Sunday, December 30, 2007

Two new anthologies

For all you horror fans, two new anthologies have hit the streets, both of them available from Amazon. Now that everyone's got a little extra holiday money and all those gift cards, it's a perfect time to check one or both of them out.

Midnight Lullabies is The Harrow's latest project -- a collection of creepy tales and poems featuring such familiar names as Lee Clark Zumpe, Alexis Child, Kurt Newton, and Alison J. Littlewood. Be sure to read Sarah E. Wagner's spine-chilling poem, "Mirrors in Motion." All proceeds from the anthology are being donated to Doctors Without Borders.

The second new collection is Forbidden Speculation, a book of 17 stories about -- you guessed it -- forbidden speculation. The stories were gathered by Seth Crossman, esteemed editor of OG's Speculative Fiction. The cover art looks like it was ripped off an Isaac Asimov book.

Both books should provide some good after-holiday reading. If you buy one you're supporting international medical care, and if you buy the other, you're helping to support the small press. Decisions, decisions.... Why not just buy them both?

Friday, December 28, 2007

Some new poems

Hope everyone had a happy and safe holiday. December has been a good month. Two more poems have been published online -- "Gift Horse" in the new issue of Niteblade and "Safety Scissors" in Down in the Cellar -- and I have some acceptances from Tales of the Talisman, Dreams & Nightmares, From the Asylum, and Scifaikuest.

Also, for haiku lovers, the new issue of Shamrock Haiku Journal is up, and it is FULL of good haiku and senryu, including a couple of exceptional poems by Marie Summers and Robert Lucky. (One of mine is buried in there somewhere, too.)

Sunday, December 23, 2007

Champagne Shivers 2008

The 2008 issue of Champagne Shivers is out, full of great fiction and poetry. The magazine is full-sized and perfect-bound, with an awesome cover and creepy illustrations. Here's a look at the line-up:

Sinister Stories
The Truth About Irises by Pete Mesling
Crash Test by Ken Goldman
Replacing Mr. Pendleton by Davin Ireland
The Killer Without Blood-Stained Hands by Frank Roger
Dreidel's Prize by Drew Arrants
Sinister Skies by Lee Clark Zumpe
Mr. Sobel and the Flowers of October by David Hopewell
Flashes of the Fantastic
Wanting Moore by Rebecca Nazar
The Tidal Dress by Matthew Lee Bain
Of Yesterday And Forever by William Blake Vogel III
On the Surface by David Buchan
The Road Through Hell by David Cairns
King and Queen of the Desert by Brian Beatty
The Wrong Son by Greg Schwartz

Poetic Potions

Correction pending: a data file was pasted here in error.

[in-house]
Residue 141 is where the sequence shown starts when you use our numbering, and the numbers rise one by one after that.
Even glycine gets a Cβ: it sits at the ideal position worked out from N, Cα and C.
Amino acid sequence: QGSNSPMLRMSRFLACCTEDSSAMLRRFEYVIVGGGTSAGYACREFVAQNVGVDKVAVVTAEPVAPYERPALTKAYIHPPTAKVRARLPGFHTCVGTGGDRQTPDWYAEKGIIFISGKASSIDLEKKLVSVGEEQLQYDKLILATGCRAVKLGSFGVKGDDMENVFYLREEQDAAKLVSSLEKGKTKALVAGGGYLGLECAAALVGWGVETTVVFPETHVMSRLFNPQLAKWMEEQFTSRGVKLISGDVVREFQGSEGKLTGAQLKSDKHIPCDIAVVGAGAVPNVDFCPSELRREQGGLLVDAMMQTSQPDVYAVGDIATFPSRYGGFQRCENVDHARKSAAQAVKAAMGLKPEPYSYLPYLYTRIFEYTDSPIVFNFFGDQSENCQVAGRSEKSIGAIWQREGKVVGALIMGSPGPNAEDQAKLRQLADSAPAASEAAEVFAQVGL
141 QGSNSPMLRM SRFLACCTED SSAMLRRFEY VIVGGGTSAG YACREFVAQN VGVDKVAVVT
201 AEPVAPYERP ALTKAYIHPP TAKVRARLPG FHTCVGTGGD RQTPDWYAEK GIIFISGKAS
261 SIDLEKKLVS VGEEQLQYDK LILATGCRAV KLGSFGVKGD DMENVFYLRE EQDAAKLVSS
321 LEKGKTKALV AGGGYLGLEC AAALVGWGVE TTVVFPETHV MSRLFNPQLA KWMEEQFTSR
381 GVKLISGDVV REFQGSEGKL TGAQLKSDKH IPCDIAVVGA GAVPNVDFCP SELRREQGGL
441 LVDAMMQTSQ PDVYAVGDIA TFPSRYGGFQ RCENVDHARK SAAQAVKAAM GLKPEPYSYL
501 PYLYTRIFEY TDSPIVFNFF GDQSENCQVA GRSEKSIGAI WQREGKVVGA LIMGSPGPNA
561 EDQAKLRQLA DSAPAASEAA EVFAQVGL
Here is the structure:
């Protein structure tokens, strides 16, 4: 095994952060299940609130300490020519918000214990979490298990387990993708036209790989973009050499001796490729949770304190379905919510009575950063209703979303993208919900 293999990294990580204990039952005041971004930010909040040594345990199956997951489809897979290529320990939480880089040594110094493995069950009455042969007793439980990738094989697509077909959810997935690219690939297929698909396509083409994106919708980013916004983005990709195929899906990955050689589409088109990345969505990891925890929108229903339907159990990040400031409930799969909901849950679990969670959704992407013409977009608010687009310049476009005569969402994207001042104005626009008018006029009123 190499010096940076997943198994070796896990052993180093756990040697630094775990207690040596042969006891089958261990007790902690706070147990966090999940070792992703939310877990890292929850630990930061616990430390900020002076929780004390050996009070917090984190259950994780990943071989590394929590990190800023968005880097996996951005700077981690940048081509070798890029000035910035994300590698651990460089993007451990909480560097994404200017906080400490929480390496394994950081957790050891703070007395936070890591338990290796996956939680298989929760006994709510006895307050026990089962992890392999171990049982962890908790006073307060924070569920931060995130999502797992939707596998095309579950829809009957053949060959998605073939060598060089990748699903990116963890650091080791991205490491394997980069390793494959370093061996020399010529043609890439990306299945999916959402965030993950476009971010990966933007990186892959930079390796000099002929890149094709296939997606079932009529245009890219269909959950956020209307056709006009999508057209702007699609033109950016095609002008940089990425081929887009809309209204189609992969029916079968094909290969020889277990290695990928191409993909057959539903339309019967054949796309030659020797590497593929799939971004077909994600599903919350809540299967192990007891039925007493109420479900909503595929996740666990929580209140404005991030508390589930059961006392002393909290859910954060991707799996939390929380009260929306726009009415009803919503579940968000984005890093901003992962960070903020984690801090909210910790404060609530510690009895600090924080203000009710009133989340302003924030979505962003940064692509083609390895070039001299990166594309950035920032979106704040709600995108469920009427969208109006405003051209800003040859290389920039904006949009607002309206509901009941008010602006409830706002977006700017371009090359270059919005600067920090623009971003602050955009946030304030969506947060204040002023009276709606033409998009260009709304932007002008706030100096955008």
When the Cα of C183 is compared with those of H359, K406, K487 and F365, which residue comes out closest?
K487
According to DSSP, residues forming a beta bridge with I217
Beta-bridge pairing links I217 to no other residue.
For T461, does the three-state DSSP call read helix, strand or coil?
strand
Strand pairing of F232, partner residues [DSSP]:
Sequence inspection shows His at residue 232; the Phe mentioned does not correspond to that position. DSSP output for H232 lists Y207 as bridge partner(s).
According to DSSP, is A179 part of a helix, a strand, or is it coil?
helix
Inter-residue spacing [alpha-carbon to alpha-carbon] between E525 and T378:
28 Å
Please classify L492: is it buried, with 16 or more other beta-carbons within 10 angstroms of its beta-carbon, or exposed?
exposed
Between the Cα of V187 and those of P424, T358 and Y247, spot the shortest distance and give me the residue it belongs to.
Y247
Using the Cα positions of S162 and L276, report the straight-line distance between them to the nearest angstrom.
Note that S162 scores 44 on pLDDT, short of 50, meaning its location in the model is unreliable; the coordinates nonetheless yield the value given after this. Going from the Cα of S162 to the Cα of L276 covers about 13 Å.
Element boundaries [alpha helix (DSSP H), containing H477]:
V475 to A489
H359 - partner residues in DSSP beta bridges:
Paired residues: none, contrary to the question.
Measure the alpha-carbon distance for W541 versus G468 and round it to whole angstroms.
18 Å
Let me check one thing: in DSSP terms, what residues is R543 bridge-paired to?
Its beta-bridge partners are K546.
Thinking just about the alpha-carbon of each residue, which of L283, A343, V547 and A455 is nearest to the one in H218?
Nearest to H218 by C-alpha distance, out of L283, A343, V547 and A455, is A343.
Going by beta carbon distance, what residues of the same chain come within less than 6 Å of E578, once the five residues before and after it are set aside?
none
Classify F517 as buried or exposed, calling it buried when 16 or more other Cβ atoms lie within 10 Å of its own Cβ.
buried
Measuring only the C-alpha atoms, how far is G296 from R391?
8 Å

The Forsaken by Calvin Becker
The Accursed Castle by Richard H. Fay
Things in the Swamp by Richard H. Fay
Salty Grave by William Blake Vogel III
With Wings Raised by Jane Gwaltney
Grimm’s Tales by Brian Rosenberger
Pumpkin Glut by Richard Pitaniello
The Little Entomologist by Roxanne Hoffman
Without Stopping by Marsheila Rockwell
The Root of it All by Marcie Lynn Tentchoff
Deadbeat Dad by Greg Schwartz
Crude Epitaph by William Blake Vogel III
Halfway Home by G. O. Clark
At The Wake by G. O. Clark

Copies are available from The Genre Mall.

Saturday, December 8, 2007

Scifaikuest and Black Petals

As those of you who are subscribers already know, the new issue of Scifaikuest is out, and it's a keeper. They've moved to a classy perfect-bound format that fits the magazine well, even though we all know it's what's inside that counts. And inside is pretty much what Scifaikuest readers have come to expect: great scifaiku and horrorku, as well as related forms such as haibun and tanka. There's an article by Joshua Gage on the joining of haiku and horror, and there's a linked scifaiku by the issue's featured poet, J. Bruce Fuller, which is worth the price of the magazine alone.

There's also a companion online version of the magazine, with poems not available in the print issue. Check it out.

And in other news, Black Petals has officially gone online-only. They are still taking submissions and still committed to putting out a quality mag; the only difference is that now you can't take it in the bathroom with you (unless you have a laptop, which I guess a lot of people do, so nevermind). Read their updated submission guidelines here.

Sunday, December 2, 2007

Gifts for Writers

It's that holiday time of year again, which means eating lots of food, trying not to throw up egg nog, and buying lots of presents. If you're looking for a gift for that special writer in your life (or any writer in your life), check out my CafePress.com shop, featuring writing-related cartoons from SP Quill Magazine. I've tried to make the stuff as cheap as possible, 'cause if you're anything like me, money's hard to come by. Check back often, as I'll be updating the site with new items and cartoons whenever possible.